Avoid These Things in Any Star Wars Reboot or Face the Wrath of Me

Perhaps Disney does not fear my wrath. My kids do not fear my wrath and actually I do not have much wrath, but the notion of a Star Wars reboot fills me with hope and dread.

Hope because I love the myth and am going to get more of it.

Dread because J.J. Abrams is a lens flare away from blinding us to his merits and Disney made Cinderella II.

Cinderella II is my nominee for the largest gap between the quality and importance of the original and the sequel. It is an abomination of movie desolation spreading its cinematic miasma back in time to dull the luster of the original.

And so here are things that must be avoided, but can trap any filmaker.

Avoid the excuse that you stink, because you are trying to look like stinky films from the past.

Walt Disney built Disneyland in part because the old “amusement parks” were terrible: dirty, ugly, and full of Skeevy People. In their infinite wisdom, Disney California Adventure built an area to look like these amusement parks in an amusement park. It had off the shelf rides and cheap junk prizes, because the original California parks were full of bad rides and junk.

Some of us thought: “Conveniently, this let you cheap out: justification by rationalization.”

Don’t excuse bad acting, worse scripts, and cheesy anything by “it is a 1950′s sci-fi tribute.” Do what the best of those films did and do the best you can: it will be bad enough without meaning to be bad. Make the film they would have made with your budget: that is your great tribute to them.

Hire writers.

Start with a good story (see the Star Wars novels) and turn it into a script. Get an established science fiction name to write you a story and then see if you can make it a movie. Assume an intelligent audience and then go backwards if you must. Don’t assume seventh grade intellect and blow things up to cover the holes (see the Star Trek reboot).

Ignore what the fans want (except for me).

I realize the self-referential incoherence of this, but the one advantage the Lucas films had is that I always felt George Lucas made the films he wanted. That often led to bad choices of Jar Jar proportions, but was always coherent. The mind of George gave a unified vision to it all.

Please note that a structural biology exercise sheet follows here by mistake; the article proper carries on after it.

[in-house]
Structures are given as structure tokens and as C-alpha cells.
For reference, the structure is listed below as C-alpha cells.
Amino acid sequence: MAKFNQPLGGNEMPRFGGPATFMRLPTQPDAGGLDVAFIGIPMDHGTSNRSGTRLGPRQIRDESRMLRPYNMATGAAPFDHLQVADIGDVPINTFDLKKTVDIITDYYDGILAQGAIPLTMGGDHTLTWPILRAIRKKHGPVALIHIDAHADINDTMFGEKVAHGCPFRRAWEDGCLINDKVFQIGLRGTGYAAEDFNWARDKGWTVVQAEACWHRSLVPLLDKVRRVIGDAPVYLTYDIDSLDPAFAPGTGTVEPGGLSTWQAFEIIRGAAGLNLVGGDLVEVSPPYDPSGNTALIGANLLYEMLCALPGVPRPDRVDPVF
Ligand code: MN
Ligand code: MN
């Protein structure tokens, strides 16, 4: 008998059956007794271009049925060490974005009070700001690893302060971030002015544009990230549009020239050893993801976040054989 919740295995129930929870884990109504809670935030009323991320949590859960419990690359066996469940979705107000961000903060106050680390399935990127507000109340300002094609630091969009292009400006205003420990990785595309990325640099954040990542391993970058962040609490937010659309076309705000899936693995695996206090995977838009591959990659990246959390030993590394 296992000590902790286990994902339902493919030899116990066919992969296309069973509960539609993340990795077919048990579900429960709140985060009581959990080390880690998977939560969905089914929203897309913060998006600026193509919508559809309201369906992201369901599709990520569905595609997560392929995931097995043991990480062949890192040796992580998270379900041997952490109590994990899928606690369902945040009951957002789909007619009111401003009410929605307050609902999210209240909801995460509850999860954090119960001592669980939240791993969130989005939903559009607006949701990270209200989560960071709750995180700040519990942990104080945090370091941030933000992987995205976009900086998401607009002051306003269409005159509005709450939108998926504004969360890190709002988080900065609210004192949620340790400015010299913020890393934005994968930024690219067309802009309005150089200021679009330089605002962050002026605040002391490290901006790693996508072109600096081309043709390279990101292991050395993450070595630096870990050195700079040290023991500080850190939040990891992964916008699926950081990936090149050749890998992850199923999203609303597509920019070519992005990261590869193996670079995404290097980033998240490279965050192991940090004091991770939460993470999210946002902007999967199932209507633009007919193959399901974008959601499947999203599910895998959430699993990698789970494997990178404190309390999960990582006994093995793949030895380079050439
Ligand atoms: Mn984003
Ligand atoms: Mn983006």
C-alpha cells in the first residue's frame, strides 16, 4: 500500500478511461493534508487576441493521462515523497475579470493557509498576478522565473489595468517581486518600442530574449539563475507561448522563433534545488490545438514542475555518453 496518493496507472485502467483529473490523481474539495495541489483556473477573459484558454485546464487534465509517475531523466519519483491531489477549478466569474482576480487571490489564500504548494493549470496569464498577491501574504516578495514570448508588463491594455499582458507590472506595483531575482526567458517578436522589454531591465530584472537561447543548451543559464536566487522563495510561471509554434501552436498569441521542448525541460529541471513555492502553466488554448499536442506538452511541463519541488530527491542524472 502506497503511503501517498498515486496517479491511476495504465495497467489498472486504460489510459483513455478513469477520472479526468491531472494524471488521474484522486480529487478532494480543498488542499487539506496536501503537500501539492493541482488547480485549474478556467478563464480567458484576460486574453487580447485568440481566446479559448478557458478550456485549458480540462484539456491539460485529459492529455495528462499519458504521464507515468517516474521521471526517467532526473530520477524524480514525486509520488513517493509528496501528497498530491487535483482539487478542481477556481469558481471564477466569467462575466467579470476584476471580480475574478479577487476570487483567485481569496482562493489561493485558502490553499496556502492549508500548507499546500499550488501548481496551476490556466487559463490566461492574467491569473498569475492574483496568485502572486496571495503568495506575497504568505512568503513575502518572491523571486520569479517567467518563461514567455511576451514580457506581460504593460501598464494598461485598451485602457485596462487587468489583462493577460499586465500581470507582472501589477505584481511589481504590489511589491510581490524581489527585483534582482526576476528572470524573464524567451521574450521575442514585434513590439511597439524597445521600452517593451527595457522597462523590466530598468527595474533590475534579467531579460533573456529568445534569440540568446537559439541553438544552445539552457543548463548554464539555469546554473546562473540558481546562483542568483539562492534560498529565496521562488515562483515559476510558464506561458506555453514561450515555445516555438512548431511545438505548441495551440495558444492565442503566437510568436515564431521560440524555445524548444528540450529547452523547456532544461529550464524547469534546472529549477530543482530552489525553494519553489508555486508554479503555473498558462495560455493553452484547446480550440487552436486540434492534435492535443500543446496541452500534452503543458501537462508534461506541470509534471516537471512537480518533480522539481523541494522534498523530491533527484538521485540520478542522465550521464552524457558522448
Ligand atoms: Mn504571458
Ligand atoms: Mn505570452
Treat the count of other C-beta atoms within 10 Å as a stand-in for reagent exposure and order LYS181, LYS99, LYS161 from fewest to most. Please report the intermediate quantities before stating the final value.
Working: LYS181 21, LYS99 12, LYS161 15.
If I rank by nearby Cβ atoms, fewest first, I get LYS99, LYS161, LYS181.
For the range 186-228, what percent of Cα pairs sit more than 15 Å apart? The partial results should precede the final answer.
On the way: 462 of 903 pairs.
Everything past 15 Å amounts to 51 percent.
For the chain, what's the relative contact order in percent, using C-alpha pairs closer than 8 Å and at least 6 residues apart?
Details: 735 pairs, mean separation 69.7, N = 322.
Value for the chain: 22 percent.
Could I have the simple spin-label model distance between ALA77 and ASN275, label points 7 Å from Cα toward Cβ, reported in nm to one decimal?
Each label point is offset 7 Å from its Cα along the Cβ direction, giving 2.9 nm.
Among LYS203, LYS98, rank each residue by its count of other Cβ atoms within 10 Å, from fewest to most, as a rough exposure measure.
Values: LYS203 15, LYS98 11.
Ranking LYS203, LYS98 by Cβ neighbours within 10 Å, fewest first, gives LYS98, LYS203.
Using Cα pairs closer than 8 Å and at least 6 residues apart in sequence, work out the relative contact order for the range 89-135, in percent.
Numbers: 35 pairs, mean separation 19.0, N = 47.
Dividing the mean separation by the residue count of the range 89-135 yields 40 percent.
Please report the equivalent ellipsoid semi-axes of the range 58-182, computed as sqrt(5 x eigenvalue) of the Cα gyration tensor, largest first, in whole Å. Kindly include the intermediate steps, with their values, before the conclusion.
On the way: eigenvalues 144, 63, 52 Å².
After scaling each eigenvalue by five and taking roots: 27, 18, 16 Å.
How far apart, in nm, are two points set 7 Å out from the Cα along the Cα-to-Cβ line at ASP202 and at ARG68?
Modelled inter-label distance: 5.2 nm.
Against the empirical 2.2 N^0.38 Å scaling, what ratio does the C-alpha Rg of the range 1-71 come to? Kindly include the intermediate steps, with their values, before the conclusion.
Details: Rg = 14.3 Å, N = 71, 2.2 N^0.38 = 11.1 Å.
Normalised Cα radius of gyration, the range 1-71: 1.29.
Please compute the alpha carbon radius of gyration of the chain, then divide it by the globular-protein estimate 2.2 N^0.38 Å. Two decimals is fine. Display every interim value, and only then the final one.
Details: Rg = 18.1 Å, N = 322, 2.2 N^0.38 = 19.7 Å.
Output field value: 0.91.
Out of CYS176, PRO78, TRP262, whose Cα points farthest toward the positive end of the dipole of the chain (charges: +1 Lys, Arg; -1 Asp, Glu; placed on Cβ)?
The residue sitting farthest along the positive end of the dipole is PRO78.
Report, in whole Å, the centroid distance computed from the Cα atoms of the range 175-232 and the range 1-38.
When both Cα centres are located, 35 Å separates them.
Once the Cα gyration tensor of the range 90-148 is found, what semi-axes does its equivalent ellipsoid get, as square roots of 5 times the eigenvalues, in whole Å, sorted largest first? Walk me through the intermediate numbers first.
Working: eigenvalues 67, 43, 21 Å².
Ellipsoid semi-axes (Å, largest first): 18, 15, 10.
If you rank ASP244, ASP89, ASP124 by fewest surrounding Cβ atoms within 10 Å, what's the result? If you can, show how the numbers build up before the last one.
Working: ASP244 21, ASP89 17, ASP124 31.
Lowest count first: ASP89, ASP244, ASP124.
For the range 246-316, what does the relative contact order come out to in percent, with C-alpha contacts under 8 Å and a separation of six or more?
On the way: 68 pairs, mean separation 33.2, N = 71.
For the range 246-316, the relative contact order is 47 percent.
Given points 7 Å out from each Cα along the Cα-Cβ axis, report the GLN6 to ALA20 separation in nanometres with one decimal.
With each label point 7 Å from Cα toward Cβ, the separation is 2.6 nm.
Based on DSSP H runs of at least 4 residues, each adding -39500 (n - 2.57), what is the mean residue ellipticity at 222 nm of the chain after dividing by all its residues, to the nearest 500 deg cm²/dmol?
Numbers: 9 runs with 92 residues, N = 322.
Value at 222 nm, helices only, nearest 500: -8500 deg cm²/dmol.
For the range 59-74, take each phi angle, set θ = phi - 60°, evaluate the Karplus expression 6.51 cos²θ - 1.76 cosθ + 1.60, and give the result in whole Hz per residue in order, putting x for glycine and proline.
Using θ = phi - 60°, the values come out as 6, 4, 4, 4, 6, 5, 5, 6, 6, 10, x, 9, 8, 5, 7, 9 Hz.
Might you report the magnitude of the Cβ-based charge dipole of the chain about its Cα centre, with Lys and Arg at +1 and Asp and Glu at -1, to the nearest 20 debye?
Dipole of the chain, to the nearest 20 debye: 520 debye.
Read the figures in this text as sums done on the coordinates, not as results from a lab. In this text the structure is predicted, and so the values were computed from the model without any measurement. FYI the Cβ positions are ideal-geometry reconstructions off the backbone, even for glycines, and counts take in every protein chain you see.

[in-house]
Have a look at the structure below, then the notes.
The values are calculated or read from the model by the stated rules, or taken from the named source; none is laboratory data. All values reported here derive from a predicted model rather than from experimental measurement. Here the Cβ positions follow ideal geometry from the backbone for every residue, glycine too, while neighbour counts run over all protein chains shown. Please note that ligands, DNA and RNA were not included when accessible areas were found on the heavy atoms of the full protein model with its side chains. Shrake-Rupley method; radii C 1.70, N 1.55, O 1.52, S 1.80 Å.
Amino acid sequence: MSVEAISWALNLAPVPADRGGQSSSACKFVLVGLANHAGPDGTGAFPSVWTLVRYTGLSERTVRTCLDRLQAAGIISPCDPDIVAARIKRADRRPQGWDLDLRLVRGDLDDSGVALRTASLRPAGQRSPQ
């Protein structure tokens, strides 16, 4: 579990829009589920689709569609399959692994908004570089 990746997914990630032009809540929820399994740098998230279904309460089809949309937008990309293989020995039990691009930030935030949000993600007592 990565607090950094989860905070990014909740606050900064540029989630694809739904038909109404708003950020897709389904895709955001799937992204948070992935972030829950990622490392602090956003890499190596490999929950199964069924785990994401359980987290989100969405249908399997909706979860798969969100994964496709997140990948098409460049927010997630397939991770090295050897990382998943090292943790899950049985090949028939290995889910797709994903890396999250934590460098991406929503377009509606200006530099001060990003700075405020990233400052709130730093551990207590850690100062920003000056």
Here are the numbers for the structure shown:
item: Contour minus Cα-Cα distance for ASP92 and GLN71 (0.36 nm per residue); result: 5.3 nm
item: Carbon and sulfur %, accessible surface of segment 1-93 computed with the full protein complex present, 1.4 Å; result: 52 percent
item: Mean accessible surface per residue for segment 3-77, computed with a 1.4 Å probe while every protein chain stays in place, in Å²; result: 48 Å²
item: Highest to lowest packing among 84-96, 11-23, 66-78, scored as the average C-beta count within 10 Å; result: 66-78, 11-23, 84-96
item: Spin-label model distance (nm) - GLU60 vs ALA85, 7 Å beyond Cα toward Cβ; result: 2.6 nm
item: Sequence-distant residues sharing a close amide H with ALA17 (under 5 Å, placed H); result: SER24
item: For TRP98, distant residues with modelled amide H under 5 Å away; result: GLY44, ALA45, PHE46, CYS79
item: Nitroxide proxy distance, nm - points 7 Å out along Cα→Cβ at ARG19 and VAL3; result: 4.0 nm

The fans want contradictory things and we don’t know what we really want. After all, prot0-fans (such as I was) did not know we needed the original Star Wars films.

Tell an archetypical and not a topical tale.

Star Wars IV has a timeless plot: it is more a fairy tale than ripped from the headlines. Don’t be relevant, but timeless. In other words, go back to first things: love, death, danger, risk, the hero’s journey.

Make the toys after the movie.

Don’t let the tie-in folk into the writers meetings. Nobody wanted a “cowboy doll” when Toy Story was being made. Those kids were no longer kids, but Woody made the Woody doll possible.

Ewoks seemed product placement from day 1.

Finally, get people excited to make this movie.

Narnia as a franchise suffered from people who did not like C.S. Lewis or his message making the films. They thought of Narnia as tiny Tolkien . . . and bloated a lovely jewel. You don’t want someone already a fan, but someone who gets excited when introduced to the universe.

You will make money on the first film: you must, but will you kill the franchise or give it eternal life as James Bond reboots managed to do. It is up to you.

 


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